"He's an extremely reliable 200' player as well," continued Baker. "The work ethic is in place as he consistently uses his quick feet, long stick and big frame to do his job. He's a low-risk player with a legitimate top-six ceiling out of the box."

New Sabres head coach Ralph Krueger raved about having a center like Cozens who has the skills and "already understands the game without the puck."

"It's always valuable to have more centermen in your lineup," Krueger said to WGR550's Paul Hamilton. Players that play center in the development years usually bring a higher awareness without the puck. They usually bring more strength defensively into their game which is often the hurdle for young players when they come into the NHL, irrelevant to their position."

What the Sabres seemed to have drafted (sorry, Sabres fans) is a possible replacement for Ryan O'Reilly. Cozens seems to have more two-way upside than any center taken by Buffalo since J.T. Compher and as of right now he looks to have a higher ceiling than him. A trio of Eichel, Mittelstadt and Cozens down the middle could be on the horizon and, according to nhl.com today, "the Sabres may have a foundation that could be part of a Stanley Cup playoff team sooner rather than later."


Pick No. 31

Many in Sabreland thought that Buffalo would be trading away the 31st pick in favor of immediate help. While we don't know if that scenario was possible, we do know that they selected left-handed defenseman Ryan Johnson out of the USHL and he will be headed to the University of Minnesota this fall for what looks to be prolonged stint in college.

The pre-draft rankings for Johnson were all over the place ranging from top-25 (McKeen's, Elite Prospects) to the 40's (The Athletic and Future considerations) while Central Scouting had him ranked #33 amongst North American Skaters (basically putting him in the 40's overall.) Wrote Corey Pronman of the Athletic, "[Johnson] was a point of debate all season n the scouting community, but he was an important part of a championship team (Clark Cup Champion Sioux Falls Stampede.)"

According to Pronman, Johnson adds a dimension to the Sabres d-pipeline that's lacking with none being able to"skate and move the puck like he does."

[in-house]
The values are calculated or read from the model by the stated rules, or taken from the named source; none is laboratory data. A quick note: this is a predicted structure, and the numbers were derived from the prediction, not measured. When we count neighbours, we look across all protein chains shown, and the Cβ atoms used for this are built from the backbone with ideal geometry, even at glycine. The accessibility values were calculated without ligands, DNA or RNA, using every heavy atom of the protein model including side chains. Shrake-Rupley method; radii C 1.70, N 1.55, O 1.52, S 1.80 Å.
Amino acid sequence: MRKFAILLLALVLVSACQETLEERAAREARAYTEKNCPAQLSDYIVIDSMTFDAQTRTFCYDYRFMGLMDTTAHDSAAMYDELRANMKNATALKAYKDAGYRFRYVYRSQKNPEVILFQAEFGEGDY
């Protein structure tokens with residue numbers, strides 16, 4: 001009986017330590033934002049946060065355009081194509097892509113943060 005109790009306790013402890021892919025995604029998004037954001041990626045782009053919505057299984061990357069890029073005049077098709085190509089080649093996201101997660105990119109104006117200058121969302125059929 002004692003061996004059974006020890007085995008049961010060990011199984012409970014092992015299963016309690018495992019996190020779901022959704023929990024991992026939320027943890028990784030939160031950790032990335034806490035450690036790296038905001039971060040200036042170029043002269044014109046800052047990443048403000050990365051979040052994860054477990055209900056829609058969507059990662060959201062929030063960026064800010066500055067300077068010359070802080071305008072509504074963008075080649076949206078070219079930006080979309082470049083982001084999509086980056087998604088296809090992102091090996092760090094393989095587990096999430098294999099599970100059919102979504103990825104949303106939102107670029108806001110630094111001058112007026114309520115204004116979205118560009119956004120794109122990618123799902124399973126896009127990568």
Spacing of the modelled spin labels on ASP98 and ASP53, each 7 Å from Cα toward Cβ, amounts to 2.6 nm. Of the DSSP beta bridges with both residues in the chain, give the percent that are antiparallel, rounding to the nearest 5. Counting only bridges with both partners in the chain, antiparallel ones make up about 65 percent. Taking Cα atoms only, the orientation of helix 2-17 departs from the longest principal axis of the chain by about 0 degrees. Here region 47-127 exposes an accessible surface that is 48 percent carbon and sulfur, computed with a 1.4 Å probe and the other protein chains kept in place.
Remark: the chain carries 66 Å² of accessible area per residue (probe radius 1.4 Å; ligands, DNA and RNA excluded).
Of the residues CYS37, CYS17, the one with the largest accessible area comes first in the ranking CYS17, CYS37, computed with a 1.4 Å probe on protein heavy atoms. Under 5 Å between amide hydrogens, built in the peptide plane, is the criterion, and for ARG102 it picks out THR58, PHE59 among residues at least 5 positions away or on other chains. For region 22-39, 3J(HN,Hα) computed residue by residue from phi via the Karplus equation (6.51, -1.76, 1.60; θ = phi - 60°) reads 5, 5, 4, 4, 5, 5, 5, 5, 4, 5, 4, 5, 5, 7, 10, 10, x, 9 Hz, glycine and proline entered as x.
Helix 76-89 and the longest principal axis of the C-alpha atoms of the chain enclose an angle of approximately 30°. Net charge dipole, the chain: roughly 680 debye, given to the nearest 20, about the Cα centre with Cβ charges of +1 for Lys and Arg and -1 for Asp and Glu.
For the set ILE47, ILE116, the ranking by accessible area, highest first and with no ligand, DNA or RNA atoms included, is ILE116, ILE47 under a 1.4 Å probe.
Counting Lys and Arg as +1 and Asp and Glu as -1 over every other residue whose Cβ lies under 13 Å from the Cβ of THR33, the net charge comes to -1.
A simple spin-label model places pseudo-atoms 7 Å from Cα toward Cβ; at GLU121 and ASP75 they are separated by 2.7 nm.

The consensus is that Johnson could be a top-four NHL'er and will add to a diverse collection of defensemen with top-four potential. Buffalo's d-pipeline comes in various shapes and sizes with varying skill-sets. However one common theme they all have, or were drafted for, is their ability to skate as well as move the puck and/or get that puck to the forwards. Whether it's William Borgen who has good size and plays with an edge, the hulking Mattias Samuelsson (6'4", 220 lbs,) the crafty Lawrence Pilut or the "puck-distributing, zone-exit machine," Jacob Bryson (according to Baker,) they all have the ability to transition the puck up ice.

Which fits very well with what they want to build.

The Sabres have their franchise defenseman in Dahlin and although they'd like to have a true No. 2, they may not need that because at 18 yrs. old he already proved that he can make his d-partner better. It looks as if Buffalo will be able to surround him with a group of top-four defensemen that Krueger can mold into a solid defense-corps, similar to what they've been doing in Boston by surrounding Zdeno Chara with a group of skilled and highly capable defensemen who get that puck and get it up ice.

Buffalo already has the two most difficult pieces to attain--a No. 1 center and a No.1 defenseman--and both of them are franchise players, which is great. The next part is building around them which, as we've seen, has it's own pratfalls. However, Botterill and company seem to be on the right path although it's going to take a little longer that those in Sabreland would like. Yeah we see the immediate needs and pine for the flash, and rightfully so, but Cozens and Johnson seem to be to real good complimentary pieces to fill around the nucleus of the team.

Which isn't bad either.